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This profile was last updated on 7/17/14  and contains information from public web pages and contributions from the ZoomInfo community.

Torrey D. Brooks

Wrong Torrey D. Brooks?

Vice President

Local Address: Norwalk, Connecticut, United States
Brooks , Torrey & Scott , Inc
 
Background

Employment History

  • President
    Brooks Operating Corporation
  • Owner
    Torrey & Scott Inc
  • CCIM

Board Memberships and Affiliations

  • Board Member
    Vintage Building Products
Web References
CIRE Magazine Article
www.ccim.com, 2 Dec 2002 [cached]
Torrey D. Brooks, CCIM, vice president of Brooks, Torrey & Scott in Norwalk, Conn., uses a Xerox Phaser 850, which he got free through Xerox's Free Color Printer program at http://www.%20freecolorprinters.com/.U.S.-based businesses can apply online for a three-year contract to use a color printer."If you qualify, your commitment is to buy all supplies from Xerox directly ... and meet a monthly usage minimum on which you and the program agree," he says.Xerox charges $75 for every month the minimum is missed.After three years, the business keeps the printer.
Brooks says the cost of supplies through Xerox is only 6 percent above the lowest price he found on the Internet."Although we have missed on a number of the minimum uses, the $75 penalty would still be an okay lease price.In essence, I'm still looking for the catch," he says.
Making the Choice Although speed, image quality, and cost are the three top concerns for purchasing color printers, commercial real estate professionals mentioned several extra features that they find useful.For laser printers, extra printer memory is a good option to purchase, especially if you plan to print complex graphics.Networking software is a must for mid-size or large offices; even some small offices find it necessary.Duplexing capabilities and two or more paper trays for handling different paper stocks also are convenient features.
ILWO - Westport Chamber of Commerce member directory
www.ilovewestport.com, 13 April 1999 [cached]
Brooks, Torrey & Scott Torrey D. Brooks
Member Directory
www.westportwestonchamber.com, 18 May 2013 [cached]
Torrey Brooks holds an MBA from Stanford Business School, an BA from Dartmouth and also CCIM and CPM designations and is listed in Marquis Who's Who in America.
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Torrey Brooks Member Contact:
Address: 542 Westport Ave. 2nd Floor, Norwalk, CT 06851
Shawmut Bank v. Brooks Development (Connecticut, 1997)
www.fraudulenttransfers.com, 21 Aug 1997 [cached]
One action was brought by Westfair, Inc., against Torrey D. Brooks, his wife Lauren F. Brooks, Connecticut National Bank (now Fleet Bank), Westport Bank and Trust Company, and Westbrook, Inc., to foreclose on a mortgage encumbering certain real estate. *fn1 The other action was brought by Shawmut Bank (now Fleet Bank) against Brooks Development Corporation (Development), Torrey D. Brooks (Torrey), Lauren F. Brooks (Lauren), Brooks, Torrey and Scott, Inc. (BTS), and Westfair, Inc. (Westfair), to collect on a promissory note, which was unsecured, and to set aside as fraudulent two mortgage conveyances, one of which was the conveyance at issue in the foreclosure action.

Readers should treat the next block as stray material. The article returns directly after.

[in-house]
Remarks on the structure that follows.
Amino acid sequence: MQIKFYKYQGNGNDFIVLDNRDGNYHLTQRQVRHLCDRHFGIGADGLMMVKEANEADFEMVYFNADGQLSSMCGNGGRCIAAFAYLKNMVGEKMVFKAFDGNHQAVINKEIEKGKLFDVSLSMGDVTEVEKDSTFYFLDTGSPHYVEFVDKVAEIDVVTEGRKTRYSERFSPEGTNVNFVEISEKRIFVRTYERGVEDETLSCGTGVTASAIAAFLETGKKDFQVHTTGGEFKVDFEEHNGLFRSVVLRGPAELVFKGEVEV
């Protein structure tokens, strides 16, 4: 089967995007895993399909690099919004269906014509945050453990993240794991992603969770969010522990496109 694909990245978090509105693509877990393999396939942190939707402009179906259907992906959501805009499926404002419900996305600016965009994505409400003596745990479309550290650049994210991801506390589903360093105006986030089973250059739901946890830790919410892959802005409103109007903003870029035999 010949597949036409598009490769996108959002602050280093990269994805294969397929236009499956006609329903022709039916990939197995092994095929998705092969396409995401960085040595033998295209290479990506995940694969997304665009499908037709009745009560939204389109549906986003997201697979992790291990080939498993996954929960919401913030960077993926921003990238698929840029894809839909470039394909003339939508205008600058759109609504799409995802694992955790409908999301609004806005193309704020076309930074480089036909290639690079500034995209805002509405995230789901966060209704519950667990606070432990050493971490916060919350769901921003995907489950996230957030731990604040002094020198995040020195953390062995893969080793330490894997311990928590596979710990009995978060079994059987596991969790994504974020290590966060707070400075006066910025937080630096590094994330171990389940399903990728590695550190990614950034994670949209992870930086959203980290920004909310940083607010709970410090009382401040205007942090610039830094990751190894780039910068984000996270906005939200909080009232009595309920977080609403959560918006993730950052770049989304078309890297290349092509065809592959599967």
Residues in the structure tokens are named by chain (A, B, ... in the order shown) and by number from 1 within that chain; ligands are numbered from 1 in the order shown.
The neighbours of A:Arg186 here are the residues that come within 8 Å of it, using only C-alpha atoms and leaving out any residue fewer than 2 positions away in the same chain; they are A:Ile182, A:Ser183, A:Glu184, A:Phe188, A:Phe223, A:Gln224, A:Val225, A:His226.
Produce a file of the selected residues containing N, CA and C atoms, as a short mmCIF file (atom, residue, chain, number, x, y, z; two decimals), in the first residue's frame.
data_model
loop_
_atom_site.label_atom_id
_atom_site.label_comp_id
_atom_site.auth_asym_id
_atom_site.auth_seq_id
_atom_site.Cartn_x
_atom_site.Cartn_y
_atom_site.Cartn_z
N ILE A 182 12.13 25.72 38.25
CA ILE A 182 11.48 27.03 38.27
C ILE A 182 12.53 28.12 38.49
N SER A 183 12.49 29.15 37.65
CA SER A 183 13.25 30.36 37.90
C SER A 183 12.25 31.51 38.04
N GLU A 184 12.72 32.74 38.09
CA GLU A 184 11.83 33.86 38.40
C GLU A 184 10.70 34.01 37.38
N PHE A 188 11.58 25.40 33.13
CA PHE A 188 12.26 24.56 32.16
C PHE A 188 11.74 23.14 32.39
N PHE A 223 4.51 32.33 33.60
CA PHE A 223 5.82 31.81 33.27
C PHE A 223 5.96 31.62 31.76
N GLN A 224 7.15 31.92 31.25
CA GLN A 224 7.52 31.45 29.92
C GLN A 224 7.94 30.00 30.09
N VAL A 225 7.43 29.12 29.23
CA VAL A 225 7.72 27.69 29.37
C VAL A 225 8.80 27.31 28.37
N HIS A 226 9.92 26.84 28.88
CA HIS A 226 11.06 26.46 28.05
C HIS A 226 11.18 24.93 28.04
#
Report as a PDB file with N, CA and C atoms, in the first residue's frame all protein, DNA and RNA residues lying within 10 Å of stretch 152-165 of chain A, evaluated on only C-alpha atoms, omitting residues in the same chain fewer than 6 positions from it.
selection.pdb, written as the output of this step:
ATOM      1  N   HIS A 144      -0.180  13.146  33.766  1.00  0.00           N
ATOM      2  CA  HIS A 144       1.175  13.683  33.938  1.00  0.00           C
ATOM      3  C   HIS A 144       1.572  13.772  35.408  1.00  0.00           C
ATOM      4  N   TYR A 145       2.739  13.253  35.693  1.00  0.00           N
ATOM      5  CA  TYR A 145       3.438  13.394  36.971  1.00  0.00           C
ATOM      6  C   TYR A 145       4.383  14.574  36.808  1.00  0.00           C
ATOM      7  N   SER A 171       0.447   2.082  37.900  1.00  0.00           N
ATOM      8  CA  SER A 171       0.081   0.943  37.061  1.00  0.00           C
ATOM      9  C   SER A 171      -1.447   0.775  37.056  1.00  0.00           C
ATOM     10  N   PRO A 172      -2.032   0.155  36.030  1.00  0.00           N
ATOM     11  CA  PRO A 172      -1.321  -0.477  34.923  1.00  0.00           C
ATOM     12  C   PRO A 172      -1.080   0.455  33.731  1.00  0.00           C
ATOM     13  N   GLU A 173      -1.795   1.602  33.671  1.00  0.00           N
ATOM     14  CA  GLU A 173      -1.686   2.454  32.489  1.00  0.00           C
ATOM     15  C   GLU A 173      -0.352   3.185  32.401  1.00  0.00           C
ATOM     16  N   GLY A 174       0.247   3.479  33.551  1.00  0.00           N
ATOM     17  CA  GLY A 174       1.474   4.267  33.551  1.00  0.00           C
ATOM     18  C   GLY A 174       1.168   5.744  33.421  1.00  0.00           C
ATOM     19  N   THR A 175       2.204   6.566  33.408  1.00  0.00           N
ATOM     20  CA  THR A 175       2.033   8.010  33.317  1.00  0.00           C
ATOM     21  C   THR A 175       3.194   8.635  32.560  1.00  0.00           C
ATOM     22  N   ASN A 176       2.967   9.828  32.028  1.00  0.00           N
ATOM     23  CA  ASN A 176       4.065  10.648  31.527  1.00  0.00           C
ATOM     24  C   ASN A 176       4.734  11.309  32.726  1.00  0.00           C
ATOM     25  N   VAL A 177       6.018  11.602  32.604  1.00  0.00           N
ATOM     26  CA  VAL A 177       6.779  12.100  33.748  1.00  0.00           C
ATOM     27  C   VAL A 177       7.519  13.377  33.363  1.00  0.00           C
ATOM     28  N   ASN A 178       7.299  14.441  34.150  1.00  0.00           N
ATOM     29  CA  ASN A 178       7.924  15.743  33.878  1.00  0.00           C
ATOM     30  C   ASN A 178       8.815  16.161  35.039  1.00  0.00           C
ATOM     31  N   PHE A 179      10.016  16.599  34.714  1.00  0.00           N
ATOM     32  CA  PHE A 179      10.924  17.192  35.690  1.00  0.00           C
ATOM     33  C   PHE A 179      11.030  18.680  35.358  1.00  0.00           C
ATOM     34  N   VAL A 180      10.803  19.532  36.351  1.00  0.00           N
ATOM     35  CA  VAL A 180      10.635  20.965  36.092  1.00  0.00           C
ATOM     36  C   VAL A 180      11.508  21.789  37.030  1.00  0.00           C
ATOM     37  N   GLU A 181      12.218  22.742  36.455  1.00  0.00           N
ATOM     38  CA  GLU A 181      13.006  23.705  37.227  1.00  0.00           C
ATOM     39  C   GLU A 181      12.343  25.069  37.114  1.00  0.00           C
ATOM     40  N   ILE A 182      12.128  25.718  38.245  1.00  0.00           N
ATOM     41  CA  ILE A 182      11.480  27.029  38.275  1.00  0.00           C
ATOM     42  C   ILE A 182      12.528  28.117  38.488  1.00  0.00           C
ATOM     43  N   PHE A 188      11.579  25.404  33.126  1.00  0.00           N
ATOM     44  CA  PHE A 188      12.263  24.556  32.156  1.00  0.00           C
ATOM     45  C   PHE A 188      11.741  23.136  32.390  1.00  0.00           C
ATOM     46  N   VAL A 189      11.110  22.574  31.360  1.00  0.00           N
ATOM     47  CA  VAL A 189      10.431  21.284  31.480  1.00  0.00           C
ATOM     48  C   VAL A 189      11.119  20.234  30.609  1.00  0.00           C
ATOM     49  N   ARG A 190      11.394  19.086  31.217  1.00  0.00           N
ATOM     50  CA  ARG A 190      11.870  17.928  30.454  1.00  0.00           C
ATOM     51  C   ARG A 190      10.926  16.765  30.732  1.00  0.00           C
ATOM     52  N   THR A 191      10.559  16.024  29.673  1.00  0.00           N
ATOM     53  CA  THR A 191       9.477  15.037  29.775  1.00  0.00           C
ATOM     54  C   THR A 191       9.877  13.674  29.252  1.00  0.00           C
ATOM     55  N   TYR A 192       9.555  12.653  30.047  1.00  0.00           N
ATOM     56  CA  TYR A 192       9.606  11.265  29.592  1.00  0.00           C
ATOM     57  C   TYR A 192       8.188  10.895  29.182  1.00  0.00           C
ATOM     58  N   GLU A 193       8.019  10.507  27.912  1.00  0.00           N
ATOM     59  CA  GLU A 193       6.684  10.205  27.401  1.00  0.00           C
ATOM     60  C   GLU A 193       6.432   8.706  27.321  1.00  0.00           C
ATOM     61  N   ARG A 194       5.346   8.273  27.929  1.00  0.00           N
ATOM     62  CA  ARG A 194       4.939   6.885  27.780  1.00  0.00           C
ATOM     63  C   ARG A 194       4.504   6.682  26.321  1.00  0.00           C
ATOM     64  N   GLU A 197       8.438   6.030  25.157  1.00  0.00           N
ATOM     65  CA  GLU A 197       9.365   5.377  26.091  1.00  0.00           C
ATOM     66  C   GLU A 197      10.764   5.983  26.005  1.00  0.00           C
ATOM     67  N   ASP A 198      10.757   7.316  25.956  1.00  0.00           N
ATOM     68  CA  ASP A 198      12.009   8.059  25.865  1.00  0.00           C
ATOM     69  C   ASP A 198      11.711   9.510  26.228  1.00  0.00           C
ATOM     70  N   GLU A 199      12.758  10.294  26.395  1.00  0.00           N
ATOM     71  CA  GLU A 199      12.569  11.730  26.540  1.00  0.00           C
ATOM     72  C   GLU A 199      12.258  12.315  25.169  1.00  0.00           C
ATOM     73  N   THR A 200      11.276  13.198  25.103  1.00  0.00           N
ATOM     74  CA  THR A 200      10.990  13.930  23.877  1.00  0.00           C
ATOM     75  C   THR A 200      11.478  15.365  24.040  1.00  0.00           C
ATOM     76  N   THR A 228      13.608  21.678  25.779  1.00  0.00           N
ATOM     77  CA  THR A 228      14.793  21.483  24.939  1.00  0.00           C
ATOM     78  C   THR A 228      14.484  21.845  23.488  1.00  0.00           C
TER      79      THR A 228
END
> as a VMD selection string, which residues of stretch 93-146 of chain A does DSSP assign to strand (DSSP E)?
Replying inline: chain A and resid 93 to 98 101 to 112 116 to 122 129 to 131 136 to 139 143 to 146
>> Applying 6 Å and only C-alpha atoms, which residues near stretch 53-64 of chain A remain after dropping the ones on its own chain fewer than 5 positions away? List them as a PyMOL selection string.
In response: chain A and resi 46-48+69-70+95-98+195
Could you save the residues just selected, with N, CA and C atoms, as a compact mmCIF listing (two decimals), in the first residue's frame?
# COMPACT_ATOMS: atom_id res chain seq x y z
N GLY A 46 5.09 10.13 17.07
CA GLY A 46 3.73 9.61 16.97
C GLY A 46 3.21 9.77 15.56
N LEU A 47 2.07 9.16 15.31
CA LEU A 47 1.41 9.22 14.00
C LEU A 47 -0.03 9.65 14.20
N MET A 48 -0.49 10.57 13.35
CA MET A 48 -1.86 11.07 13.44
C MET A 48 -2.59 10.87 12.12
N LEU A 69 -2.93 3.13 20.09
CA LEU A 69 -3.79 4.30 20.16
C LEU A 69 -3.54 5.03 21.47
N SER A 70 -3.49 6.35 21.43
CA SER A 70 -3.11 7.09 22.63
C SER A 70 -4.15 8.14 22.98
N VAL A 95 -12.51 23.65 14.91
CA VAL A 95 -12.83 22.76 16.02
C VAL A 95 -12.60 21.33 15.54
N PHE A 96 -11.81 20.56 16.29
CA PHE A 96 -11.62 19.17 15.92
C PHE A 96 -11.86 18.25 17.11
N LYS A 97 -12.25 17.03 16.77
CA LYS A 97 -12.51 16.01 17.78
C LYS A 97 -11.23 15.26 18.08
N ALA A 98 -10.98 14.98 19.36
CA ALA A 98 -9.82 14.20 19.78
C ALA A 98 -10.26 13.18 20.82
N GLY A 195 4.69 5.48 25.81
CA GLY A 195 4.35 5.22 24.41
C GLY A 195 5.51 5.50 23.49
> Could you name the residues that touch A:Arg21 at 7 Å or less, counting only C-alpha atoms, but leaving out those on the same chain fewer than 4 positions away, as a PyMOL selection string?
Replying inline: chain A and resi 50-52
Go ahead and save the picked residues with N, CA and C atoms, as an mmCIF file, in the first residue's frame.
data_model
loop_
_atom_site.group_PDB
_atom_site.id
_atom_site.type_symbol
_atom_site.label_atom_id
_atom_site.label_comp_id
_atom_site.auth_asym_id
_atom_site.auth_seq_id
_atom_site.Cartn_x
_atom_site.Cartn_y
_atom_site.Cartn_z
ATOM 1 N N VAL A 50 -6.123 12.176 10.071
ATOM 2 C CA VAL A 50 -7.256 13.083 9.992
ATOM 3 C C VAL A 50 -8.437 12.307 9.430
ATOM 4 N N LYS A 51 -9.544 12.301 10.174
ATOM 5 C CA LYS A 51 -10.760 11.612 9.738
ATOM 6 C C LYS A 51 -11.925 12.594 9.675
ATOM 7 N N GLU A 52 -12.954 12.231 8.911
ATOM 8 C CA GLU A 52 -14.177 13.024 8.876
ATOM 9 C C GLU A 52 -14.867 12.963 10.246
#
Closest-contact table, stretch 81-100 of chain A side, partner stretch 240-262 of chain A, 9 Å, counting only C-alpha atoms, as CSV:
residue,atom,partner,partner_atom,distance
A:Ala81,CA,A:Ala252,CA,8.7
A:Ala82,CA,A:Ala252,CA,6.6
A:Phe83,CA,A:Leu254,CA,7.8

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One action was brought by Westfair, Inc., against Torrey D. Brooks, his wife Lauren F. Brooks, Connecticut National Bank (now Fleet Bank), Westport Bank and Trust Company, and Westbrook, Inc., to foreclose on a mortgage encumbering certain real estate. *fn1 The other action was brought by Shawmut Bank (now Fleet Bank) against Brooks Development Corporation (Development), Torrey D. Brooks (Torrey), Lauren F. Brooks (Lauren), Brooks, Torrey and Scott, Inc. (BTS), and Westfair, Inc. (Westfair), to collect on a promissory note, which was unsecured, and to set aside as fraudulent two mortgage conveyances, one of which was the conveyance at issue in the foreclosure action.
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One action was brought by Westfair, Inc., against Torrey D. Brooks, his wife Lauren F. Brooks, Connecticut National Bank (now Fleet Bank), Westport Bank and Trust Company, and Westbrook, Inc., to foreclose on a mortgage encumbering certain real estate. *fn1 The other action was brought by Shawmut Bank (now Fleet Bank) against Brooks Development Corporation (Development), Torrey D. Brooks (Torrey), Lauren F. Brooks (Lauren), Brooks, Torrey and Scott, Inc. (BTS), and Westfair, Inc. (Westfair), to collect on a promissory note, which was unsecured, and to set aside as fraudulent two mortgage conveyances, one of which was the conveyance at issue in the foreclosure action.
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The court rendered identical judgments in both actions, setting aside the mortgages of Lauren and Torrey to Westbrook and to BTS as fraudulent and ordering that payment to CNB *fn2 be made from money held in escrow from the sale of real estate of Lauren and Torrey.
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The court rendered identical judgments in both actions, setting aside the mortgages of Lauren and Torrey to Westbrook and to BTS as fraudulent and ordering that payment to CNB *fn2 be made from money held in escrow from the sale of real estate of Lauren and Torrey.
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Westfair, as the plaintiff in the foreclosure action and the defendant in the fraudulent conveyance action and Lauren, Torrey and BTS, the defendants in the fraudulent conveyance action, appeal from the judgments.
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Development was a real estate development company established by Torrey and Lauren.
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The loan was personally guaranteed by Torrey and Lauren in 1988.
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CNB agreed to an unsecured note in recognition of a longstanding business relationship with Torrey's father, Dexter Brooks, and in reliance on a financial statement submitted by Torrey and Lauren.
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Torrey and Lauren had committed themselves to provide a mortgage on their home to Westfair on March 8, 1990, one day prior to the agreement of CNB to renew the loan.